Separation Anxiety in Children and Adolescents

By Colleen Lynn, M.A., MFT

One of the most common forms of anxiety is separation anxiety. During certain times in childhood, anxiety increases with transitions to pre-school, kindergarten, and 1st grade, and later in sixth grade or high school. Anxiety may also be present at other times, especially when there is family stress or environmental changes. While some anxiety is normal, if it goes on longer than a month or significantly impairs daily functioning, you should seek help from a therapist who, like me, specializes in anxiety and children.

Children suffering from anxiety may complain of head and stomach aches, throw tantrums before going to school, cling to parents or worry that “something bad” will happen while they are away. They may experience sleep disturbance, fear of the dark or feel unsafe when alone, even if you are in the next room.

Parents often ask me, “What can I do?” Together, in a family therapy session, we develop coping skills that work for each individual child and family. I always start by establishing a predictable routine. This will help your child know what to expect and then be better prepared. This can include routines for getting ready for school in the morning, dropping off at school, picking up after school, doing homework, eating dinner and going to bed.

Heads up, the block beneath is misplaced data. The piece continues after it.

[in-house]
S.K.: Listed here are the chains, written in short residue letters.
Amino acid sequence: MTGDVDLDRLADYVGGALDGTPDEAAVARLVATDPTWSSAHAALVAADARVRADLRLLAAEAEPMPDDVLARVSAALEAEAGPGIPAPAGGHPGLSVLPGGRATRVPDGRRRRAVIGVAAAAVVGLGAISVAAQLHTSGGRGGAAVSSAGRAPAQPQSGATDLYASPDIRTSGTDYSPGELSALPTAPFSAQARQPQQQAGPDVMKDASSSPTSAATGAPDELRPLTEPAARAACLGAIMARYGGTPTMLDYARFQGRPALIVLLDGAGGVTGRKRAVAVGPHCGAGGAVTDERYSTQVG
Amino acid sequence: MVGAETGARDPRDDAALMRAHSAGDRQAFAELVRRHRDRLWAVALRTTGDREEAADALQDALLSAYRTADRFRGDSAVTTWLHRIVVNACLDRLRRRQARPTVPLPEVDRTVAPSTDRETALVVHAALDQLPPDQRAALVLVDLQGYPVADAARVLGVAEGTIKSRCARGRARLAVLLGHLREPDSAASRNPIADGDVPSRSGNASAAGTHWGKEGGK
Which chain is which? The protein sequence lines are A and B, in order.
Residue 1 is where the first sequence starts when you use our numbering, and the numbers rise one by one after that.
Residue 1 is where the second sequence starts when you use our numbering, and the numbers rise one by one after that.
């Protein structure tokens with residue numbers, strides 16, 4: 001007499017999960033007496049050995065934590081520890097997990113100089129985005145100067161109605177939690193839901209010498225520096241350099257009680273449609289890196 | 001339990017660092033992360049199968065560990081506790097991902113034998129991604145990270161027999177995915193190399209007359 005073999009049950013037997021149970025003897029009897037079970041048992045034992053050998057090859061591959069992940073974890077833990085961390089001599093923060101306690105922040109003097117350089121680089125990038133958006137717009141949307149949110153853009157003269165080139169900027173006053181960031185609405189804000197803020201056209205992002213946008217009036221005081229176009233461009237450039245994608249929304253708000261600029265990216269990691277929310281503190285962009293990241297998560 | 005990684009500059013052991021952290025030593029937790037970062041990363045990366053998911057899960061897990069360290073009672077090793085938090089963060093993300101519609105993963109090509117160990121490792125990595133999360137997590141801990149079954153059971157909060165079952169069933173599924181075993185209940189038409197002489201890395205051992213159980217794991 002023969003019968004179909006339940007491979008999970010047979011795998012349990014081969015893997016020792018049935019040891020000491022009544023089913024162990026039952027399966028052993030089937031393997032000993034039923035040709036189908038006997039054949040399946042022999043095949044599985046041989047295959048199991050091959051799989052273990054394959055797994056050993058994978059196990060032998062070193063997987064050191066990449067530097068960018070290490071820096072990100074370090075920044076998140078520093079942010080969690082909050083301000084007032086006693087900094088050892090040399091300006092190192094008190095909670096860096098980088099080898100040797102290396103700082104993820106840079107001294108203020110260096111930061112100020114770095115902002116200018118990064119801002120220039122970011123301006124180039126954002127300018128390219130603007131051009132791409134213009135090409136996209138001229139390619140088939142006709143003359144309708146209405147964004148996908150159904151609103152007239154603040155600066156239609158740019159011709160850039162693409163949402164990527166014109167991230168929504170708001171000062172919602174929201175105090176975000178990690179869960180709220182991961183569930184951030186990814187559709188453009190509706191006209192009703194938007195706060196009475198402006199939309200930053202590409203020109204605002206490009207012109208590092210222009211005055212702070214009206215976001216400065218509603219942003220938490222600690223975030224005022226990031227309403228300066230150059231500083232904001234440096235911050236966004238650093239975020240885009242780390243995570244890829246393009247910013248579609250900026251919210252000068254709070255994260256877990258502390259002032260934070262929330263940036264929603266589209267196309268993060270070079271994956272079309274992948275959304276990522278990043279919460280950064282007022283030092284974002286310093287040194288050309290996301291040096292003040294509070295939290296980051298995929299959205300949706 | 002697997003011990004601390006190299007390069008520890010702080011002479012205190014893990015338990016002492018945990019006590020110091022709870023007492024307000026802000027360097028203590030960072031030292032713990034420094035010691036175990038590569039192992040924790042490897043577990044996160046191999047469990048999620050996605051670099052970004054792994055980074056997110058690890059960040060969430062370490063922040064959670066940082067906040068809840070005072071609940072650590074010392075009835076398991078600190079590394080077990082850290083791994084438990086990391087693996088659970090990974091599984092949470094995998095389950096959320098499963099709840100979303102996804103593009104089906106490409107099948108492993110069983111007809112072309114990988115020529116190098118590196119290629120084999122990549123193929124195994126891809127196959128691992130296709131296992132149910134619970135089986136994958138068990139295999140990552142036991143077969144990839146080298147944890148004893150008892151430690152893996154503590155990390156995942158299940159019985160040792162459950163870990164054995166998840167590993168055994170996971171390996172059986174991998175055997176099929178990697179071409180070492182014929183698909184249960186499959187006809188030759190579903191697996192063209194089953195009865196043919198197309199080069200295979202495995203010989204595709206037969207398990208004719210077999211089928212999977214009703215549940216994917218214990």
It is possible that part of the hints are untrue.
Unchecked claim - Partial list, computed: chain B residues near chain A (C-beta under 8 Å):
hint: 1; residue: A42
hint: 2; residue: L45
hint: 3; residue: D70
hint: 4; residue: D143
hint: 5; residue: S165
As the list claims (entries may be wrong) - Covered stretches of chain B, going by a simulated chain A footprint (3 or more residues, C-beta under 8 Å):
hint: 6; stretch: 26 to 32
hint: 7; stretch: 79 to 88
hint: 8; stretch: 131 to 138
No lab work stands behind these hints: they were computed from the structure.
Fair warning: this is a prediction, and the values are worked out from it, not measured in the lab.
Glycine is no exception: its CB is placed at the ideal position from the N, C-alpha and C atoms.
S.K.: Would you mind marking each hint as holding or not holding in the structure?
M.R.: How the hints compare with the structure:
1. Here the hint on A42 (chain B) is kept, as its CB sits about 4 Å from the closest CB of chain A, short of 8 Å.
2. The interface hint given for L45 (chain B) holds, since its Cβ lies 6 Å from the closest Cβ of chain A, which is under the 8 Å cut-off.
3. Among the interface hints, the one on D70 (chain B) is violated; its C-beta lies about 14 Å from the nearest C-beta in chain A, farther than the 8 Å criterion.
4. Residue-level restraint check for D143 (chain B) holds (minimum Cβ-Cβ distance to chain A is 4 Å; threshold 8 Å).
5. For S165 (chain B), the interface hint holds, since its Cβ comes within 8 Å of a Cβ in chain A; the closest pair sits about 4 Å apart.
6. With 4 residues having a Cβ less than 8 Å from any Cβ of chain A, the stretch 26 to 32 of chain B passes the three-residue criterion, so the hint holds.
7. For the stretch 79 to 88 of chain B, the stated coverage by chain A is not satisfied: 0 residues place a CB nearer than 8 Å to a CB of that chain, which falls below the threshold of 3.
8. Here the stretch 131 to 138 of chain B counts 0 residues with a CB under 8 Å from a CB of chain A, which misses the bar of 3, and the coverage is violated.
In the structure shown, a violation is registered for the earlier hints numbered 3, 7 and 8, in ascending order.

When dropping off at school, go through your routine and don’t linger – the longer you stay, the longer the anxiety lingers. Children pick up on your anxiety. If you trust the school and teachers, your child will learn to trust them too. Reassure your child that they can call you in case of emergency and then identify a safe person (teacher, counselor, nurse or principal) that they can talk to at school if they are feeling upset.

Having worked with families for 15 years, I find that children can be empowered to soothe themselves. I encourage parents and children to problem solve what they can do to feel better and give praise when they use those ideas. Maybe a special piece of jewelry to wear or token in their pocket will help connect them to you during the day. Encourage them to write down their feelings during the day and share them with you later.

According to the American Academy of Child and Adolescent Psychiatry, the potential long-term effects are serious for a child who has persistent separation anxiety and does not receive professional assistance. Children may also develop serious social or educational problems if their fears and anxiety keep them away from school and friends for extended periods of time.

Separation anxiety can be successfully treated and therapy can be fun!



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